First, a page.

Tracking trailers improves productivity
May 1, 2004 12:00 PM
The hours of service regulations, shipper demand, and security issues all point truckload carriers to a future that requires better fleet utilization for more efficient operation. Fifteen years ago the industry took some of the first steps toward management solutions that supervise vehicles in transit as well as at terminals when remote communication and tractor tracking began. The next step in this evolution toward constant, real-time fleet management is untethered trailer tracking.
Executives from two suppliers of trailer tracking systems presented a look at current and projected technology to a session of the popular “Trucking in the Round” roundtables during the Truckload Carriers Association annual meeting. Ken Cranston, president and CEO of Terion Inc, Plano, Texas, and Craig Boddy, vice-president mobile asset tracking, Teletouch Trailer Tracking, Tyler, Texas, made presentations and guided the roundtable discussion. The TCA convention was held on the Kona Coast of Hawaii, March 14 to 17, 2004.
Terion says it is the market leader in trailer tracking and fleet management with more than 75,000 units in service. The product was introduced in January 2000. First implemented by a number of large truckload carriers of dry freight, trailer tracking is gaining acceptance from shippers and receivers, many of whom are requesting that their motor carrier partners adopt the technology as a way to streamline logistics systems, Ken Cranston said. Trailer tracking, unlike tractor tracking, gives carriers and their customers a constant picture of freight location. The system lets carriers know when a trailer leaves the loading dock and when it arrives at the receiving dock. Rather than follow the tractor and assume it always has a trailer in tow, trailer tracking can be used in drop and hook operations where the trailer may be loaded but not moving for a portion of the time after leaving the dock.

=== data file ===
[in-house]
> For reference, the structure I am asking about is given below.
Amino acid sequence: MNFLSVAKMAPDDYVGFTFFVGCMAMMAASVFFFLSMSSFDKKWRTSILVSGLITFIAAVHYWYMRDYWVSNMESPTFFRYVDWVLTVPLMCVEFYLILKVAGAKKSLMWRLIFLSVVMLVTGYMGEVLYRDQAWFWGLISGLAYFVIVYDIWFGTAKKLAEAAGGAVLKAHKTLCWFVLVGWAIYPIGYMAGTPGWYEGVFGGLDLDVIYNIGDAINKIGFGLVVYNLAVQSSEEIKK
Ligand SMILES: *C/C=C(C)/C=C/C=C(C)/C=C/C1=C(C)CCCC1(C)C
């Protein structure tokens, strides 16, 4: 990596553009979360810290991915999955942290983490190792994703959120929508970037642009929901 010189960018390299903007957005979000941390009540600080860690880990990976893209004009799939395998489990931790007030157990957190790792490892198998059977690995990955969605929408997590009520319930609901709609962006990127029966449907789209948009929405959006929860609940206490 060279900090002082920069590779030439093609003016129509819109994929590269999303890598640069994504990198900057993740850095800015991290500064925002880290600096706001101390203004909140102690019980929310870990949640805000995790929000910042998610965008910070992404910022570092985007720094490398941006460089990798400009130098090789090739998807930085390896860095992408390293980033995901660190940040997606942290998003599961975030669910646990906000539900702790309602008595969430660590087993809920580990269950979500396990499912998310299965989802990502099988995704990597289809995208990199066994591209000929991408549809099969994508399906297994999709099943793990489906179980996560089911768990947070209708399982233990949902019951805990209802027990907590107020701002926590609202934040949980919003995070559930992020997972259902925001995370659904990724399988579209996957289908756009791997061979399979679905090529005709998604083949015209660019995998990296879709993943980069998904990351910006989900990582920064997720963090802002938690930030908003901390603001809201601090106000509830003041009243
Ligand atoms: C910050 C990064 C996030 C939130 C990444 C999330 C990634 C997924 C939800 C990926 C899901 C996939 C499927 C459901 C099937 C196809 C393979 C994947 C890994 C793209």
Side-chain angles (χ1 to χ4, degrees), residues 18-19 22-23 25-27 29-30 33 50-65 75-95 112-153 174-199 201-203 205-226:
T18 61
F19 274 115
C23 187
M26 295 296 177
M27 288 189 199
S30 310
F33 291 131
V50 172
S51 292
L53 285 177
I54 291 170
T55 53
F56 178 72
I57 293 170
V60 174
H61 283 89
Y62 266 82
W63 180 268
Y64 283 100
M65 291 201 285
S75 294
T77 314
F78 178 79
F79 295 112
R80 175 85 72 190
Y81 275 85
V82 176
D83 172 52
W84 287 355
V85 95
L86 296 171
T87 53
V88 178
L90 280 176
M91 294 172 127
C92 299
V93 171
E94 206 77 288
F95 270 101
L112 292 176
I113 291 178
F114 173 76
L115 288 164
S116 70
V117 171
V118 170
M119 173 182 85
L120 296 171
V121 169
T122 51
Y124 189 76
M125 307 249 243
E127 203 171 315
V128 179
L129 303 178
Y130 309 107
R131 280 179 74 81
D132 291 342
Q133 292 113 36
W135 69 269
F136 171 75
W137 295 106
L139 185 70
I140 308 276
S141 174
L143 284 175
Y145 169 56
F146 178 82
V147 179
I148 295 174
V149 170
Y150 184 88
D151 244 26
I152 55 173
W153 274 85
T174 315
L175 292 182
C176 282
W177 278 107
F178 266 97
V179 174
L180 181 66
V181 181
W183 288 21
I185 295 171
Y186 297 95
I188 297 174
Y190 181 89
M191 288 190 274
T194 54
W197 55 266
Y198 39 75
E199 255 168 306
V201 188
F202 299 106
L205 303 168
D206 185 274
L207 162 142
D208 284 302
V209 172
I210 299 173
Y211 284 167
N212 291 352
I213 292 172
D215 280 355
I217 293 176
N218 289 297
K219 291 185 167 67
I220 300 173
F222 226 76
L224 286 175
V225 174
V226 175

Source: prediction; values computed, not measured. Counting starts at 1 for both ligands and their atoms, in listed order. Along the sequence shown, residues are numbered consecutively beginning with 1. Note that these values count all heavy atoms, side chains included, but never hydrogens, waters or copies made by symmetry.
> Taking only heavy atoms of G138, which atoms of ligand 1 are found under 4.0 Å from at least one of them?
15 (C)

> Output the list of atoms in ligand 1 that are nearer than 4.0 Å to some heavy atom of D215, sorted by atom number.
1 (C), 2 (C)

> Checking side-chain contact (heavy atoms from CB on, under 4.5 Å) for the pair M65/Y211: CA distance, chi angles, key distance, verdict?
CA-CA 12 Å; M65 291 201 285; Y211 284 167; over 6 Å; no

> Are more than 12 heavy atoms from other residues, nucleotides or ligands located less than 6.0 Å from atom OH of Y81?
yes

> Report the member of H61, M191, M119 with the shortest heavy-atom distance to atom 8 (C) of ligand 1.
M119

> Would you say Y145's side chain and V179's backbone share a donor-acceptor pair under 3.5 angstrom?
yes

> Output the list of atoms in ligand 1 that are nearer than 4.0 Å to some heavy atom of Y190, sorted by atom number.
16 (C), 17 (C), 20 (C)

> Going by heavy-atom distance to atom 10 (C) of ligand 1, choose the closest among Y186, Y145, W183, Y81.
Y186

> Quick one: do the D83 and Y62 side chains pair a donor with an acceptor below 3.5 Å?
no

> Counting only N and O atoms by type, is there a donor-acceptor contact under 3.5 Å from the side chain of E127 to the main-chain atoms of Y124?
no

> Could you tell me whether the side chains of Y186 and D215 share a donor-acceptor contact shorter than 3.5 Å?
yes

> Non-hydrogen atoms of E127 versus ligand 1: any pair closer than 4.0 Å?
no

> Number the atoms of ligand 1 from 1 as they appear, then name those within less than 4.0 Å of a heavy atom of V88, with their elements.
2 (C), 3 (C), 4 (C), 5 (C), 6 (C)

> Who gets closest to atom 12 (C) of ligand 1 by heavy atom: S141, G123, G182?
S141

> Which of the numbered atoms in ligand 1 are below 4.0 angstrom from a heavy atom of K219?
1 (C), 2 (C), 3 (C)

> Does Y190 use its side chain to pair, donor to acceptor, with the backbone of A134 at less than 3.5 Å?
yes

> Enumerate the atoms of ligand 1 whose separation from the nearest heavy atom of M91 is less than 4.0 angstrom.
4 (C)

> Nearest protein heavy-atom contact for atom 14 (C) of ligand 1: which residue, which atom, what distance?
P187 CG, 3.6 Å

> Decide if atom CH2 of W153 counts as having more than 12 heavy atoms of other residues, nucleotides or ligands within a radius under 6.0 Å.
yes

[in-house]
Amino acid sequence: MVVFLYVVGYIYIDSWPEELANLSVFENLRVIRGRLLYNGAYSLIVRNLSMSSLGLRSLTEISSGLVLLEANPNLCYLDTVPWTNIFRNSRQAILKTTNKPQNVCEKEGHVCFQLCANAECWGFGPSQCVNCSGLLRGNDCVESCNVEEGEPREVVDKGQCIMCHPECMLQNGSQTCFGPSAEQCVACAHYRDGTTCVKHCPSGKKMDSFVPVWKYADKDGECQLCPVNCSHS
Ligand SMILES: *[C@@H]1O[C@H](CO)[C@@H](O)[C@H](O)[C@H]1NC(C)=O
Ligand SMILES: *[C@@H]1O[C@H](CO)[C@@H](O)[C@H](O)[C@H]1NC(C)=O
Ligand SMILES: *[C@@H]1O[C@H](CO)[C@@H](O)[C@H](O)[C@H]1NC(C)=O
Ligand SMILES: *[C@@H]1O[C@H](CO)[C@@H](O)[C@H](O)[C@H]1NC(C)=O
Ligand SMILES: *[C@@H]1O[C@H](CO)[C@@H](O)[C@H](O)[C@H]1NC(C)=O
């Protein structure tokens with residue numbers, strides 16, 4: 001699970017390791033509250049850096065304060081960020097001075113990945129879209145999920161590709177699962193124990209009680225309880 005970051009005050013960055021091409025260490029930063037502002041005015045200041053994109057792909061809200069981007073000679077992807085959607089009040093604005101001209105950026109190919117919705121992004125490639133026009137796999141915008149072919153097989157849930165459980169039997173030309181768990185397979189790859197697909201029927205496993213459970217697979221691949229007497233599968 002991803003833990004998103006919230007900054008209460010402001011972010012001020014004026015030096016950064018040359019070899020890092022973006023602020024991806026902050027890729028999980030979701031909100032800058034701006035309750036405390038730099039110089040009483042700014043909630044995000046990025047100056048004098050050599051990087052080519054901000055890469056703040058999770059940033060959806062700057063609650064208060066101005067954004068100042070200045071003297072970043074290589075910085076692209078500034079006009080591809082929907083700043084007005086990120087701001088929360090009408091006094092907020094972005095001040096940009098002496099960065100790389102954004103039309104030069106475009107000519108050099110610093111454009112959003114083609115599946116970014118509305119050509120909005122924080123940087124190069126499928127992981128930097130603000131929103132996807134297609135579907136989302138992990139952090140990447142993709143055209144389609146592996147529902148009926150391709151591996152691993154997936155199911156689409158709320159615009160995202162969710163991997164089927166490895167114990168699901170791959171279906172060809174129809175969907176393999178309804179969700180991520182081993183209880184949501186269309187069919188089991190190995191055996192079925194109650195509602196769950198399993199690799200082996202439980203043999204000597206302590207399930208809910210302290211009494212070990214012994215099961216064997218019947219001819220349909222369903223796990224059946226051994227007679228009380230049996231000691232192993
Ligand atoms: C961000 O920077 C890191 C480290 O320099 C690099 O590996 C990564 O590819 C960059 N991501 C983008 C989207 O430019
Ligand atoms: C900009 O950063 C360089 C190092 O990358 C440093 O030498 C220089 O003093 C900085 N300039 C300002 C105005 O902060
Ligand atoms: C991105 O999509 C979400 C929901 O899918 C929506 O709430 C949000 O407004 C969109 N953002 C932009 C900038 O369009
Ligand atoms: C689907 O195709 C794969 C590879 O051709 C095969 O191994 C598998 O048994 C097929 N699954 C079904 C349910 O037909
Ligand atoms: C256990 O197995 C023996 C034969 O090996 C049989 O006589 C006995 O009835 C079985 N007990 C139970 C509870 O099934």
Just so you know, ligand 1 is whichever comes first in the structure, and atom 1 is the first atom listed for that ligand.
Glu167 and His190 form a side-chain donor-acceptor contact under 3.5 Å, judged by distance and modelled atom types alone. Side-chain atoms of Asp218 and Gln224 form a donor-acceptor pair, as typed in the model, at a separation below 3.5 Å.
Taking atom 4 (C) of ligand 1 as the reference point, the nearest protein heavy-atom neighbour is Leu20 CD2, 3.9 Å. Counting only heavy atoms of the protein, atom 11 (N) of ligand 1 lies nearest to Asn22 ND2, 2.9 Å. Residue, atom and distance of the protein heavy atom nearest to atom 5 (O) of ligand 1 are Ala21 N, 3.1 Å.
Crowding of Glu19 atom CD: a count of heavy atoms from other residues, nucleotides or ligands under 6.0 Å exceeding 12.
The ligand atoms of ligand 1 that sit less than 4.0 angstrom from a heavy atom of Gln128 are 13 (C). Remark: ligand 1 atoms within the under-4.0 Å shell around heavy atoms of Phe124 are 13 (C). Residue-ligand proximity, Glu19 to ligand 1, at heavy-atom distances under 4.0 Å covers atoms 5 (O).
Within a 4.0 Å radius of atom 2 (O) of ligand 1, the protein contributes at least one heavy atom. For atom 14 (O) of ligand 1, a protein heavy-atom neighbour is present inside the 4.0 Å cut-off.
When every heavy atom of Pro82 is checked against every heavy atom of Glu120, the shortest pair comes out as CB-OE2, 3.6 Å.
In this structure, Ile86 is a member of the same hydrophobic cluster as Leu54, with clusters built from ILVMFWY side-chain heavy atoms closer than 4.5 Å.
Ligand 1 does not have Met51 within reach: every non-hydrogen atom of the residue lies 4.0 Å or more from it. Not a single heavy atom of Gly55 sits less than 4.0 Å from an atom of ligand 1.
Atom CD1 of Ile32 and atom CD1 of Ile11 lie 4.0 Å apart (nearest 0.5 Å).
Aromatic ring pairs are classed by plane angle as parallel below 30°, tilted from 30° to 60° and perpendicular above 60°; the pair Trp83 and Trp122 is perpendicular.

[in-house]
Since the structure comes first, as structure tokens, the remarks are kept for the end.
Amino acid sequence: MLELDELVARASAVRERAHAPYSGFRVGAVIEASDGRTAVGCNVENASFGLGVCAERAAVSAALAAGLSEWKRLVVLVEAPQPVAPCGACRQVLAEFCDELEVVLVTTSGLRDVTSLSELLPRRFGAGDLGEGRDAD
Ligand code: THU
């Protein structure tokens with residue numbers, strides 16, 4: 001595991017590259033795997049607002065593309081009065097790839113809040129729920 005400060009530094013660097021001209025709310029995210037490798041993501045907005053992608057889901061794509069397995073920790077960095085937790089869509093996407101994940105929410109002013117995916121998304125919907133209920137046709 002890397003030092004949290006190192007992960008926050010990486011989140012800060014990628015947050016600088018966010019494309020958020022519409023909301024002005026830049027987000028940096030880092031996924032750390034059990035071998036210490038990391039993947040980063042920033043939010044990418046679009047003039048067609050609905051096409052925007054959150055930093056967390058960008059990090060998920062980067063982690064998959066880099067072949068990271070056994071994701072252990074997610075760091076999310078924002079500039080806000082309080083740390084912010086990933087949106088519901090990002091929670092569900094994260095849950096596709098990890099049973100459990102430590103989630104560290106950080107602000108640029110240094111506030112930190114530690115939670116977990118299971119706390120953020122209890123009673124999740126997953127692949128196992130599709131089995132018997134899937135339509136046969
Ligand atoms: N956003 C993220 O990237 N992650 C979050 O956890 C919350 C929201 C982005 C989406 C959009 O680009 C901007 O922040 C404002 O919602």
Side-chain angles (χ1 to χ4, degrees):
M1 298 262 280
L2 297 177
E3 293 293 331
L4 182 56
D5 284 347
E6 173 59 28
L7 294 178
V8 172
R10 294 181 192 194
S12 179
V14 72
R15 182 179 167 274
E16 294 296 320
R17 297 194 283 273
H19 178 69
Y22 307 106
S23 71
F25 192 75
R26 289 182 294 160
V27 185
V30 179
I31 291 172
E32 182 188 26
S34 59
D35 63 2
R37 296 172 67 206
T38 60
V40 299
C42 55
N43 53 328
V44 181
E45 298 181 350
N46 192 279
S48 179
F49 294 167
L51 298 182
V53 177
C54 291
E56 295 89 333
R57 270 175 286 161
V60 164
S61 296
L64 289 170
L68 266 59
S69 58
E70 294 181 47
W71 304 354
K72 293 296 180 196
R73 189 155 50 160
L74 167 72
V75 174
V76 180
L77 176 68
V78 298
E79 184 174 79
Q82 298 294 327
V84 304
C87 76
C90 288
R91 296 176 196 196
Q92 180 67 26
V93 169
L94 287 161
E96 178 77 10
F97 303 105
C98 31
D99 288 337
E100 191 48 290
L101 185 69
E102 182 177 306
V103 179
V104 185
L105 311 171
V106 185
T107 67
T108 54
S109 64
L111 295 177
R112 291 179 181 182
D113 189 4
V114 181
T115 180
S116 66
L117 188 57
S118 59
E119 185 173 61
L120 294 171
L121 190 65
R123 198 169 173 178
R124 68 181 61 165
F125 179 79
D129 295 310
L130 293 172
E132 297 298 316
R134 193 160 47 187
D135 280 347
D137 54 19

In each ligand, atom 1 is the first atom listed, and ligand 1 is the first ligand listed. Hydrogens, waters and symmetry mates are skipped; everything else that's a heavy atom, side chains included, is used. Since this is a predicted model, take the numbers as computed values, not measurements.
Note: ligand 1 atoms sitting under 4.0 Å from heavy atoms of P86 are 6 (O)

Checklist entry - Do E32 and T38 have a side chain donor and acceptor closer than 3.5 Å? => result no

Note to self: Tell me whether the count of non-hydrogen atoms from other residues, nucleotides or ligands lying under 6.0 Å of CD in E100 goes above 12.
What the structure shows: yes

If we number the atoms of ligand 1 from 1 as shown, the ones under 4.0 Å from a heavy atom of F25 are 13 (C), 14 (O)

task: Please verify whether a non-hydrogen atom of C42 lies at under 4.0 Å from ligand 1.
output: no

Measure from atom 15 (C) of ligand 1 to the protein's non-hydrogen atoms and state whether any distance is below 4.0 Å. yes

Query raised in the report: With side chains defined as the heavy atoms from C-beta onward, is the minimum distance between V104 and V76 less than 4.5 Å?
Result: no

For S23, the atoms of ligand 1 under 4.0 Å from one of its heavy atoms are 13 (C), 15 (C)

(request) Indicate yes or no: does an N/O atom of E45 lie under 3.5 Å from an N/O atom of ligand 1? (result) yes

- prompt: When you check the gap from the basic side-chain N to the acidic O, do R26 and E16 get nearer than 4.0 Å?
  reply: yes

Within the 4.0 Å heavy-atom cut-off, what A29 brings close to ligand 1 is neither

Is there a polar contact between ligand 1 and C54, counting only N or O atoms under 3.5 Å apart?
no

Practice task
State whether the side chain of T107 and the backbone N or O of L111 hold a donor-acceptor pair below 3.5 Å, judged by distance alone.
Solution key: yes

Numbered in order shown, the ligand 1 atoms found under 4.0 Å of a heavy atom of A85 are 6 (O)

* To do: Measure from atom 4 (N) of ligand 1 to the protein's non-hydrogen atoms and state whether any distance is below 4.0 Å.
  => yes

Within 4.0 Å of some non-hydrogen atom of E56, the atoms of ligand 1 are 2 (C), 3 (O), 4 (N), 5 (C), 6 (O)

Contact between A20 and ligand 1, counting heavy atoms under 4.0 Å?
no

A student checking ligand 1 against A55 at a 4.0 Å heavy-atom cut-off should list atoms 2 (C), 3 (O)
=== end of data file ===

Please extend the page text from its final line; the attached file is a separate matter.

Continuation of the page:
Fewer trailers per tractor
Carriers and their partners should look at trailer tracking as a productivity tool instead of simply as a device to follow their trailers. The first major payback from trailer tracking should be a reduction in the trailer to tractor ratio, allowing a smaller trailer fleet to handle the same or greater freight volume, Cranston said. Knowing where trailers are located and whether or not they are loaded gives carriers the information necessary to increase trailer turns and keep tractors running productively.
Although no carrier really wants to become involved in discussions about detention, accurate trailer tracking can provide the information necessary to document waiting time between arrival and actual unloading. Charging for detention has always been a contentious issue, because carriers have not had verifiable proof of trailer arrival time, Cranston said. With GPS location technology and cargo sensors, the data to support detention can be determined without any input from the driver, who once was the sole source for information about arrival time, or from the receiver, who once had the only say about when unloading ended. Tracking systems can alert carriers to arrival time at the receiver, movement of the trailer to a receiving dock, completion of unloading, and movement of an empty trailer away from the dock, he said.